The Hope College Knickerbocker Theatre in downtown Holland will feature four foreign and independent films during its Fall Film Series running in September and October.
The series will feature “The Expedition to the End of the World,” “Ida,” “My Old Lady” and “Magic in the Moonlight.”
“The Expedition to the End of the World,” a Danish documentary, will show Monday-Saturday, Sept. 8-13. A modern adventure film, the documentary follows a three-masted schooner packed with artists, scientists and ambitions worthy of Noah or Columbus, as they set off for the end of the world: the rapidly melting massifs of North-East Greenland. It is an epic journey during which the brave sailors on board encounter polar bear nightmares, Stone Age playgrounds and entirely new species. But in their encounter with new, unknown parts of the world, they also confront the existential questions of life. “Salon.com” has called the film “an experience that wrenches you free of the everyday world and urges you to contemplate all sorts of big-picture questions.” In Danish with English subtitles, the film runs for one hour and 30 minutes, and is not rated.
“Ida”, showing Monday-Saturday, Sept. 15-20, comes from acclaimed Polish director Pawel Pawlikowski (“Last Resort,” “My Summer of Love”). The film is a moving and intimate drama about 18-year-old Anna (Agata Trzebuchowska), a young novitiate nun in 1960s Poland who, on the verge of taking her vows, makes a shocking discovery about her past. The Mother Superior insists that Anna first visit her sole living relative, and naïve, innocent Anna soon finds herself in the presence of her aunt Wanda (Agata Kulesza), a worldly and cynical Communist Party insider, who shocks her with the declaration that her real name is Ida and her Jewish parents were murdered during the Nazi occupation. The revelation triggers a heart-wrenching journey into the secrets of the repressed past, evoking the haunting legacy of the Holocaust and the realities of postwar Communism. The film has won multiple awards and garnered rave reviews. “The Los Angeles Times” has described “Ida” as “A film of exceptional artistry,” while A.O. Scott of “The New York Times” said, “It haunted me… I can’t wait to see it again.” The film is in Polish with English subtitles. It has a run time of one hour and 20 minutes, and is rated PG-13.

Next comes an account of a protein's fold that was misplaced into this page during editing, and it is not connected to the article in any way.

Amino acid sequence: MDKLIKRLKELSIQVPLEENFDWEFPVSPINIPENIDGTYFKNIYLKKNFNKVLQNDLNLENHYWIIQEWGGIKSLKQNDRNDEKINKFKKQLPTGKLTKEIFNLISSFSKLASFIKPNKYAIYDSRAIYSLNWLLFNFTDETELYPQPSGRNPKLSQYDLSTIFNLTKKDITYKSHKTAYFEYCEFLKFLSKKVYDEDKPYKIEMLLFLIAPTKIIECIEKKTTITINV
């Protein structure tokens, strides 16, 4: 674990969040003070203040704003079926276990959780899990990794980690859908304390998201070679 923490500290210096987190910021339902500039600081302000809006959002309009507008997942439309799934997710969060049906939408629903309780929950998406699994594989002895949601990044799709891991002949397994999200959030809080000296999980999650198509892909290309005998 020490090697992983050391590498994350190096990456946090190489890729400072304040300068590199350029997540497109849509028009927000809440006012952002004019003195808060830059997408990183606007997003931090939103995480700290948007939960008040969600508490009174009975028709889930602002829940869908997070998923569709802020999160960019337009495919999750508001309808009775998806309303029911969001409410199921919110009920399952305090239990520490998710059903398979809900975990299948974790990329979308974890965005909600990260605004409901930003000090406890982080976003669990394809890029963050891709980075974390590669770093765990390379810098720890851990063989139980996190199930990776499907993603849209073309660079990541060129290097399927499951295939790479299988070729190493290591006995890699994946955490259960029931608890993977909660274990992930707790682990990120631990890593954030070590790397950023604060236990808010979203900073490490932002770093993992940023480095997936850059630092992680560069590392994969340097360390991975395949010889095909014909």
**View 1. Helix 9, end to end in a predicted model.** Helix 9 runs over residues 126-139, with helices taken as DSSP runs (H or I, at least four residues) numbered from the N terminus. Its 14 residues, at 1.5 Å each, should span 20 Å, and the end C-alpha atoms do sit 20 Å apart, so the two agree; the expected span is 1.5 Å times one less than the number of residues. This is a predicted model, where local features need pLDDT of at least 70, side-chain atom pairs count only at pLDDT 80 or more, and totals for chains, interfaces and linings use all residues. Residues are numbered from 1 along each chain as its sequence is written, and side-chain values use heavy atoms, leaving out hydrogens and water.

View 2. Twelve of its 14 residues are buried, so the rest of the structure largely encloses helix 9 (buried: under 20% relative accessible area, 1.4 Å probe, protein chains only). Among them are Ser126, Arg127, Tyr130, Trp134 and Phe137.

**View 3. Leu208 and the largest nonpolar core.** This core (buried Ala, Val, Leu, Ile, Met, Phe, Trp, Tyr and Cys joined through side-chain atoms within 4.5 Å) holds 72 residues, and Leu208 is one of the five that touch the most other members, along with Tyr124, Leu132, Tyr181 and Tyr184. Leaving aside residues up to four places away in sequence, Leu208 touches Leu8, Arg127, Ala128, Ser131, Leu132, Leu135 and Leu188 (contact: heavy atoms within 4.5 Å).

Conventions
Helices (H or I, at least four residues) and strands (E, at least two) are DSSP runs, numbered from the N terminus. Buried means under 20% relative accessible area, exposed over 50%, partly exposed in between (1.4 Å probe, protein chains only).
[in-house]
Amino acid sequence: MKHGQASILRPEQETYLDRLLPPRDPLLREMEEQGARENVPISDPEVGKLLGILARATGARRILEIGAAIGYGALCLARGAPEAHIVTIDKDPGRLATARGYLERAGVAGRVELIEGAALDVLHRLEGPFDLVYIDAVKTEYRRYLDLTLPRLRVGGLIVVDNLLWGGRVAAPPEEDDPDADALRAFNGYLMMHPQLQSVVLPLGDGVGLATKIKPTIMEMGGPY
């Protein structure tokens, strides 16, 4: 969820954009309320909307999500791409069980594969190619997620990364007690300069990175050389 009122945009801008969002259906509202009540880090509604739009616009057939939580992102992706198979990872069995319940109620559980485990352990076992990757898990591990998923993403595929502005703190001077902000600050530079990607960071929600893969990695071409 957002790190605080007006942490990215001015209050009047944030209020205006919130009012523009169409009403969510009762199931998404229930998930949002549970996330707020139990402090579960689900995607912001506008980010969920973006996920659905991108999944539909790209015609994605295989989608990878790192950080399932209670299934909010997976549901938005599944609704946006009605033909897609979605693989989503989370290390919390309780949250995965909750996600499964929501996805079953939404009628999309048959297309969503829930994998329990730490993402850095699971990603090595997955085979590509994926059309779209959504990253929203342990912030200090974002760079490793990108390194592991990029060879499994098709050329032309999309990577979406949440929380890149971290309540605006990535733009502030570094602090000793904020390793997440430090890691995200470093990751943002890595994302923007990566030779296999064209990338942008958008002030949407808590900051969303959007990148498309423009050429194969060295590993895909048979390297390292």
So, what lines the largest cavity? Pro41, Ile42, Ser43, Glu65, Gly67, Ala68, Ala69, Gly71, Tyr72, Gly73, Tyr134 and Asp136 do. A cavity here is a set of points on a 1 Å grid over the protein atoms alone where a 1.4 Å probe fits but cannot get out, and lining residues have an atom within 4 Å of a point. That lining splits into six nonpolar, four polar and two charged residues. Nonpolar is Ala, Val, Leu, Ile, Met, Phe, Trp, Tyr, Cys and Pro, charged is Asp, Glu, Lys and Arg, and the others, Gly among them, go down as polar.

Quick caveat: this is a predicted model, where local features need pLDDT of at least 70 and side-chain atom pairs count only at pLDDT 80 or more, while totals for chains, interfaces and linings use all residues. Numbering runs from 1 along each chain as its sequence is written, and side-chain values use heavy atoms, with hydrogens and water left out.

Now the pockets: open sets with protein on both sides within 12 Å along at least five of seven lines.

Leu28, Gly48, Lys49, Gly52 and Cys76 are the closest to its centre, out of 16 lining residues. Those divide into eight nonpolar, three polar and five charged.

In the comedy, “My Old Lady,” showing Monday-Saturday, Sept. 29-Oct. 4, a down-and-out New Yorker inherits an apartment in Paris from his estranged father and is stunned to find a refined old lady living there with her protective daughter. He learns that the apartment is a “viager”--an ancient French system for buying and selling apartments--and that he will not actually get possession of the apartment until Mathilde dies. The movie features an all-star cast with Kristin Scott Thomas and Academy Award-winners Maggie Smith and Kevin Kline. The film is the directorial debut of renowned playwright/screenwriter Israel Horovitz, father of producer Rachael Horovitz. The film has a run time of one hour and 44 minutes, and is rated PG-13.
The series ends with Woody Allen’s latest film, “Magic in the Moonlight,” showing Monday-Saturday, Oct. 6-11. Set in the 1920s on the opulent Riviera in the south of France, the film is a romantic comedy about a master magician (Colin Firth) trying to expose a psychic medium (Emma Stone) as a fake. Firth’s character makes a living as Wei Ling Soo, a Chinese illusionist, but like another great magician, Houdini, he likes to expose frauds. When a friend calls upon him to expose a young American medium named Sophie, he may have met this match. What follows is a series of events that are magical in every sense of the word and sends the characters reeling. “The New Yorker” has said that the film allows Firth to reprise his role as the legendary Mr. Darcy, noting, “The haughty reserve, the perfectly phrased disdain, the deeply romantic nature hidden beneath the chill: Firth does this sort of thing better than anyone.” The film has a run time of one hour and 33 minutes, and is rated PG-13.
All films begin at 7:30 p.m. More information, including trailers, can be found by visiting the Knickerbocker website at hope.edu/knick
Tickets for the individual films are $7 for regular admission and $6 for senior citizens, Hope College faculty and children. Tickets will be sold at the door but are also available in advance at the Events and Conferences Office located downtown in the Anderson-Werkman Financial Center (100 E. Eighth St.). The office is open weekdays from 10 a.m. to 5 p.m. and can be reached at (616) 395-7890.
The Knickerbocker Theatre is located at 86 E. Eighth St.